it turned out that all of them but one liked one picture... I asked them to explain why... and also for the one child to explain why, and if on hearing this anyone wanted to change their minds... all of the children except two moved to the one child.

The two looked VERY disappointed. I pointed out that changing their mind did not mean that their photograph was more important... since their argument for their photo had been that it was important to remember because it happens just once a week (the bubble game) that the finding the sun-eggs in the forest game has happened just once so far made it maybe for this week even more important as so not to forget... after all EVERYONE had enjoyed it, including these two. This they could accept.

I told them that I had learned very much from the week about what was important to them, and thanked them.

It made me realise that more than one image per child/pair was not going to be viable for their concentration levels... so when it comes to the full week session that the pairs would need to choose one image a day... and then on Friday one image from the week to present to the others. It was definietly easier to reflect on the images with the pairs than with the whole group... and this is with a small group of max 8 children (one was away, so there were just 7 this time).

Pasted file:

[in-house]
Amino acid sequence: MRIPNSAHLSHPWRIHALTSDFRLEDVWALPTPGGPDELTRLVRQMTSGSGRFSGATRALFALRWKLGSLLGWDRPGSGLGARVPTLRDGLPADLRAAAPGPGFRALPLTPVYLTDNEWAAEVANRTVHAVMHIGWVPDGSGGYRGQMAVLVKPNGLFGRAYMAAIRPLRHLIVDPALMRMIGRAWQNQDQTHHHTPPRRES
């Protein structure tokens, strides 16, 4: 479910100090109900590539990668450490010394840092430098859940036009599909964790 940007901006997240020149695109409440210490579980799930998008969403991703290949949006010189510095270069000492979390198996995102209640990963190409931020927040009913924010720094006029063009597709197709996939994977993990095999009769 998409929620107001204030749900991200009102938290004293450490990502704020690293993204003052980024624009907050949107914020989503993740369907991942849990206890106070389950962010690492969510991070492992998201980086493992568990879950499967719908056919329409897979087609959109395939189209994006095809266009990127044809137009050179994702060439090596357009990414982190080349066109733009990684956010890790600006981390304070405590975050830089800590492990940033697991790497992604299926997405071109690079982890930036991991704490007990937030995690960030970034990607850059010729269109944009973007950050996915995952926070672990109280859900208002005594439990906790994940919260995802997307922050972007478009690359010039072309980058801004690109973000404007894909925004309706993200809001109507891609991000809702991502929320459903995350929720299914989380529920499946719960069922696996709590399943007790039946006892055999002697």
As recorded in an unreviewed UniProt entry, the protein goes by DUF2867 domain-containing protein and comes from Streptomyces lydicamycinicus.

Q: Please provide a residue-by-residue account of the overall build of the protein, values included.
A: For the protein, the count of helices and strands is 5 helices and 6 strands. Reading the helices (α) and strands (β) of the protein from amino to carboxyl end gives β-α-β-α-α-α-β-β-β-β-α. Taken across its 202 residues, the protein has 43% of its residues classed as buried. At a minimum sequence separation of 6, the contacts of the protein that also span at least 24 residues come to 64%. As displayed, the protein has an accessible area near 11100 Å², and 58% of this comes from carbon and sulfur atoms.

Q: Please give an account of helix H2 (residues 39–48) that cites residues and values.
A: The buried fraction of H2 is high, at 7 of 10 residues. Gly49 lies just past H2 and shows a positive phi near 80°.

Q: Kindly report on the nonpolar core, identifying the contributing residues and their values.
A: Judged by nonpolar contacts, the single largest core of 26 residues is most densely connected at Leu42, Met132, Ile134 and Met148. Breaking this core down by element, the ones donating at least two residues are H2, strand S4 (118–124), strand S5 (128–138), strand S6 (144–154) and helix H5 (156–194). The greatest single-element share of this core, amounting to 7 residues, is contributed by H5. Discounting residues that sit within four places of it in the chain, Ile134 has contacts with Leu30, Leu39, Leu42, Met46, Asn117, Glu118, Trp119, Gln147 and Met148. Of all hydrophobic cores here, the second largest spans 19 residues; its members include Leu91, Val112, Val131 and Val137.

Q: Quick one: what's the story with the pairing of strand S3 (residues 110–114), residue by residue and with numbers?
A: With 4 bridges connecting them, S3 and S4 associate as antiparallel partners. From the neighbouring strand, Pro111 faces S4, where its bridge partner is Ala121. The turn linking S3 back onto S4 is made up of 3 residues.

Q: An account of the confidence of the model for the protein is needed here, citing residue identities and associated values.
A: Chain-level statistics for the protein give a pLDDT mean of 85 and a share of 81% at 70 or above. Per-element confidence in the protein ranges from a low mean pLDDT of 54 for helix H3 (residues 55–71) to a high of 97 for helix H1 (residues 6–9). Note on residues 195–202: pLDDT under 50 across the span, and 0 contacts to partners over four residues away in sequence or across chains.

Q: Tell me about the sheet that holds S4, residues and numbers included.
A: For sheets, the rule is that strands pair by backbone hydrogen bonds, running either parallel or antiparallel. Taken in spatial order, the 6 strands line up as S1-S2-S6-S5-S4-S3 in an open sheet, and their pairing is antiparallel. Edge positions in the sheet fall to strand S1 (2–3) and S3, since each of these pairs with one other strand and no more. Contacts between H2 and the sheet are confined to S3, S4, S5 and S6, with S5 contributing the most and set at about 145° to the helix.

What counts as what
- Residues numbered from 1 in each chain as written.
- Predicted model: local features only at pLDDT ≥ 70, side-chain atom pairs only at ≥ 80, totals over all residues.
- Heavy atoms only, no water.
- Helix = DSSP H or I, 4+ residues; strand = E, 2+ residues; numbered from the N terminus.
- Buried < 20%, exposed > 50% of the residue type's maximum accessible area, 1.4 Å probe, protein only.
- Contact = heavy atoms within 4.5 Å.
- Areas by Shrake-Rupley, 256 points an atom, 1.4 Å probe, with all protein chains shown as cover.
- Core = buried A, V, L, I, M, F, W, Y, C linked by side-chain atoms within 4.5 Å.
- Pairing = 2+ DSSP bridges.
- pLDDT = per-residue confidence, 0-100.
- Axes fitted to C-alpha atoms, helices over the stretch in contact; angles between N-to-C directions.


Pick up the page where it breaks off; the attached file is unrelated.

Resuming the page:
It is the process that matters. The feedback I got from the pairs and the dialogue I had with the pairs was very positive. I felt the Friday session was more chaotic... was it just because of their form that day? Well another prototype week would help me out on that. But on the whole I felt it was a very positive experience...a nd hopefully next time they will understand the process a bit more themselves and be able to dig deeper into their own reflections...

We will have to see.


The top right and the bottom left were the two most important for the group... the oranges being the image that in the end felt the most important for the group for this week.